Change of the seat of govt. to the territorial center, direct taxation, & the abolition of gambling systems of finance might & would effect a material change. But these suggestions are vain & idle. No policy will be adopted by Congress which does not more or less tend to depress the south & exalt the north. I have heard it asserted that your vice president should say the southern people were formed by nature to subserve the convenience & interests of the north—or in plain words to be slaves to the north. Very soon will his assertion be thoroughly exemplified. How do you feel, what do you think, is your love for the constitution so ardent as to induce you to adhere to it tho it should produce ruin to your native country. I hope not, I believe not. However, I will be done, for it is disagreeable to utter unpleasant opinions. Yours always—
Edward Carrington to Madison 7 April 1790
I have seen the decision of the House of Representatives upon the Quaker Memorial [on the slave trade]. … The very circumstances of such a subject being taken up in Congress has given some alarm, and it might have been better that a debate of such a nature, which could not possibly be productive of any kind of effect, had never been entered into at all. … Notwithstanding the long debates there was little or no difference of opinion as to what must be the issue of the business. Why then were the people of the interested states to be alarmed in consequence of a fruitless discussion? … The Assumption of the State Debts remains now a subject of discontent. Upon two principles it creates serious complaint. It is by all Anti’s and many Fed’s considered as leading to the dreaded consolidation—and by all discriptions of men who think at all it is considered as iniquitous from the unequal situations of the states respecting their debts. Of the latter I am one. Having already written you pretty fully I will not add more here. Whether the constitution is yet so firmly on its legs that it cannot be shocked I will not undertake to decide. I am not apt to croak. Of this, however, I am certain; the adoption of this measure without giving to the states the benefit of their respective redeemed debts will [have] considerable effect in abridging the confidence of the people in it.
George Lee Turberville to Madison 7 April 1790
… I am not unacquainted personally with [the] Gentleman at the head of [the] Department of the Revenue & still less so with the powers of his mind—his acquirements, disposition, & character. I tremble at the thoughts of his being at the head of such an immense sum as 86 millions of dollars—and the annual revenue of the Union. The number of dependents on him necessary to manage the great Department of Revenue, the multitude who will be interested in the funds (in opposition too to the landed interest of the U.S.), all of whom will in some measure be dependent or at any rate attached to the principal officer of the revenue, I profess creates with me apprehensions that from the complicated nature of the subject I am at a loss to determine whether I ought to foster or to discourage.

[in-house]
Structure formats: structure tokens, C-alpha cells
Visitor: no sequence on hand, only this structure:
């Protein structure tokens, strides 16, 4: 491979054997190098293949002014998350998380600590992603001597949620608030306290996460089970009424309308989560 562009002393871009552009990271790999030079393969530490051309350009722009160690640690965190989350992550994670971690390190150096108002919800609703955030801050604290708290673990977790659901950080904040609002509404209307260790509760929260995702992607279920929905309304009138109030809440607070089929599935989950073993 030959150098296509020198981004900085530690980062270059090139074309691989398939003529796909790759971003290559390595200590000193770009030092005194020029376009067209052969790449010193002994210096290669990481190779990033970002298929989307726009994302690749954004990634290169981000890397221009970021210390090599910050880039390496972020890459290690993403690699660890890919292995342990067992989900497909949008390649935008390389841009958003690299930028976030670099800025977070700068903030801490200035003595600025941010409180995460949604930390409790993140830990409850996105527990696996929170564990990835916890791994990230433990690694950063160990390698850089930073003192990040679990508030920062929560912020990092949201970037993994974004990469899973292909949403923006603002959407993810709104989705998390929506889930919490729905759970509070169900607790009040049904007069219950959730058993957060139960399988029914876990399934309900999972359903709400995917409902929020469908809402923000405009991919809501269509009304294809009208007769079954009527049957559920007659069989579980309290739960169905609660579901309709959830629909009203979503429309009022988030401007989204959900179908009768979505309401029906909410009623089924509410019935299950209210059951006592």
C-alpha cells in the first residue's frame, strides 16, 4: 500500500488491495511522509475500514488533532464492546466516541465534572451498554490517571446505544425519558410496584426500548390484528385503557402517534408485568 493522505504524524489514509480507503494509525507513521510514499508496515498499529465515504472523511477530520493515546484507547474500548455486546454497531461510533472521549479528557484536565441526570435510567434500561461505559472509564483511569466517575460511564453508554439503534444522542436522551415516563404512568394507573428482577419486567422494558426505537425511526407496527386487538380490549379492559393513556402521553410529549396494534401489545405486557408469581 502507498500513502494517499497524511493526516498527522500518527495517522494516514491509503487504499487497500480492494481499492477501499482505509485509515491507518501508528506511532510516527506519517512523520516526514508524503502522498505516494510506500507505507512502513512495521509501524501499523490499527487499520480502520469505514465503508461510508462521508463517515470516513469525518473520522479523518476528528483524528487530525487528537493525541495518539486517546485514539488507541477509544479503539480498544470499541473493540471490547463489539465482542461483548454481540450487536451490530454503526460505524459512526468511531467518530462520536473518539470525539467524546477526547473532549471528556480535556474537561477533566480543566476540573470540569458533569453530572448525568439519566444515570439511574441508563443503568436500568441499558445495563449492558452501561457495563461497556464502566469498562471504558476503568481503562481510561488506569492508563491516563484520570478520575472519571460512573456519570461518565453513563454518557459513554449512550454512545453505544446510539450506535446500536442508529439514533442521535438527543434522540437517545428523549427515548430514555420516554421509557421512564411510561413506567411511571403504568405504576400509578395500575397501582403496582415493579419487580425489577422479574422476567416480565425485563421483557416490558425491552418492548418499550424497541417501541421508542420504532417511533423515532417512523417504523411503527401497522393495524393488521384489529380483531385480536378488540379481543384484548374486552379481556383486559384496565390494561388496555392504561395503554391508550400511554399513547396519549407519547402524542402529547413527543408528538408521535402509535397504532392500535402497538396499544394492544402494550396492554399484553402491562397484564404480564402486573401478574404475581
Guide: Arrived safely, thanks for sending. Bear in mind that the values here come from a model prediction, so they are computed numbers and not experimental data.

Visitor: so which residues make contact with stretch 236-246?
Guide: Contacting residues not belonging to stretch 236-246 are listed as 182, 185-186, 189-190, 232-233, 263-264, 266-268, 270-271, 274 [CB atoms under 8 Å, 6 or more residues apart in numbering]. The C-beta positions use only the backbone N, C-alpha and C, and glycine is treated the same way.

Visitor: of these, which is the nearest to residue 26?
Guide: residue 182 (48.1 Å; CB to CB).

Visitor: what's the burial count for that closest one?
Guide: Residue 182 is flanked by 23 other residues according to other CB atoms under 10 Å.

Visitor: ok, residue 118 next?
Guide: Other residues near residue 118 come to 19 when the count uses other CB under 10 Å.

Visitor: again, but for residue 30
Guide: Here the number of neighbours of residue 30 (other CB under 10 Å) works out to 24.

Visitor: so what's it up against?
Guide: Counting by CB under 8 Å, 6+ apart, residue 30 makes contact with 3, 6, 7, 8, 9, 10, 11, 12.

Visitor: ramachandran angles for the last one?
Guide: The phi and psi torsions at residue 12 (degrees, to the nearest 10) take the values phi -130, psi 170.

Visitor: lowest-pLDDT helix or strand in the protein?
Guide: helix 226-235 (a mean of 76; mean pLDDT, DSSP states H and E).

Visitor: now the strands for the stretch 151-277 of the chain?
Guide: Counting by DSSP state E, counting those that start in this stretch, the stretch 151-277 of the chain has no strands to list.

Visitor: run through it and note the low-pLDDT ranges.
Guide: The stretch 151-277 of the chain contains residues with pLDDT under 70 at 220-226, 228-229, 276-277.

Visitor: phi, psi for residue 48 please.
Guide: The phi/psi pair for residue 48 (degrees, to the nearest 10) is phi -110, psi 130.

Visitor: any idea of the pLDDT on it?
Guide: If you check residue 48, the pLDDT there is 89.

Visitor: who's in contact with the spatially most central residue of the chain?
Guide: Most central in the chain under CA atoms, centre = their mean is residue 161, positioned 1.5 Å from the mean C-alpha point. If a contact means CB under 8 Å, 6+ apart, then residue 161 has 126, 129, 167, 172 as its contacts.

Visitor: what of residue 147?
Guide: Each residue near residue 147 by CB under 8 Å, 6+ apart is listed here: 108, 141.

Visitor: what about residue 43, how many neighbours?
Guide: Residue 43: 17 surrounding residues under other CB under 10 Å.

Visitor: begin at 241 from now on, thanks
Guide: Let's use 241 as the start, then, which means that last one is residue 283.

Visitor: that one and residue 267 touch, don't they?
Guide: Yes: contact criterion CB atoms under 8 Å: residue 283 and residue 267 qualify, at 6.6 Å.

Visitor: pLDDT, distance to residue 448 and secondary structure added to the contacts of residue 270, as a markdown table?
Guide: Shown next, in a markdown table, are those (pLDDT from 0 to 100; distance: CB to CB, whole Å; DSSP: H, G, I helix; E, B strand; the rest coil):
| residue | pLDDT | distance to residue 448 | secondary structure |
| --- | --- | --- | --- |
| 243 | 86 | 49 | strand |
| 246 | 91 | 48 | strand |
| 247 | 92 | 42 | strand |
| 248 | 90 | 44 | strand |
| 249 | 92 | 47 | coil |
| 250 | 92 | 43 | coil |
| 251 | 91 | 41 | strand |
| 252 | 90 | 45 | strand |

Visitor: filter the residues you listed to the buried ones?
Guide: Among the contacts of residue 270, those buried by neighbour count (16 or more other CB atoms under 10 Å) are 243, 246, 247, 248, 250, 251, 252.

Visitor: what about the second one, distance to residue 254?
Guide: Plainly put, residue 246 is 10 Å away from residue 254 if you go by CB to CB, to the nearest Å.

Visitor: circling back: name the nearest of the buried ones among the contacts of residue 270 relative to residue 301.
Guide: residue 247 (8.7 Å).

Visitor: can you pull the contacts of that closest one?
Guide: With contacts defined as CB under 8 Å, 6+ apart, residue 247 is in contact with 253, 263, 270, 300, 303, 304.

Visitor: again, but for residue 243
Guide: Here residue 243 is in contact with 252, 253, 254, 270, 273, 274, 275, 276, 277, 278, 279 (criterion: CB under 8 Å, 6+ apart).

I am nevertheless persuaded that the funding business founded upon loans will never answer in America. The example set by Great Britain can never be followed here until our country becomes as thickly populated, as commercial and as highly cultivated as G. Britain is… .
The idea of consolidating the debt of the states with that of the union is a very unpopular one & for that reason only ought to be laid aside. But I do not think it even political. The debts of Virga. are sinking fast. Every creditor appears satisfied—and the monied men are very fond of becoming adventurers & purchasing the state paper. Many have made their fortunes by it. Why in heaven then should Congress interfere with us? I hope and trust that part of the plan will at least be negatived.
Benjamin Rush to Madison 10 April 1790
I congratulate you upon the prospect of the funding system being delayed ’till the next session of Congress. I hope an election will intervene before you meet again. Should this be the case, I think it probable that no one of our members who has voted against your motion & in favor of the leading principles of Mr. Hamilton’s report will be reelected.
I have long deplored the temporary residence of Congress in New York. … I question whether more dishonorable influence has ever been used by a British minister (bribery excepted) to carry a measure than has [been] used to carry the report of the Secretary. This influence is not confined to nightly visits, promises, compromises, sacrifices, & threats in New York. It has extended one or two of its polluted streams to this city, the particulars of which you shall hear when I have the pleasure of seeing you on your way to Virginia… .
I have just committed to the press a small pamphlet entitled “Information to Europeans disposed to migrate to the United States” in which I have dwelt with peculiar pleasure upon the safety and agreeable prospects of our country under her present government. The establishment of the Secretary’s report can alone contradict the information I have given upon that subject. It will in seven years introduce among us all the corruptions of the British funding system. The principal part of the information is addressed to cultivators of the earth, mechanics, laborers, servants, & [the?] members of the learned professions. I shall b[eg] your acceptance of a copy of it as soon as it [is] published. It is addressed to a friend in Great Britain.
Boston Independent Chronicle 12 August 1790
A number of Stock-Jobbers, Speculators, and Negotiators for the purpose of aiding and assisting certain members of the Robin-Hood Society in accomplishing their foreign contracts. As this fraternity are about to receive the reward of their seven-months’ services, many of them wish to dispose of their exhorbitant wages in such manner as will augment their property twofold during recess. As they began their speculations during session, they mean to continue them for the short time they adjourn to attend to their reelection; when this is accomplished it is expected they will return to Philadelphia and there spend the remainder of the year in promoting their own interest to the impoverishing of their constituents.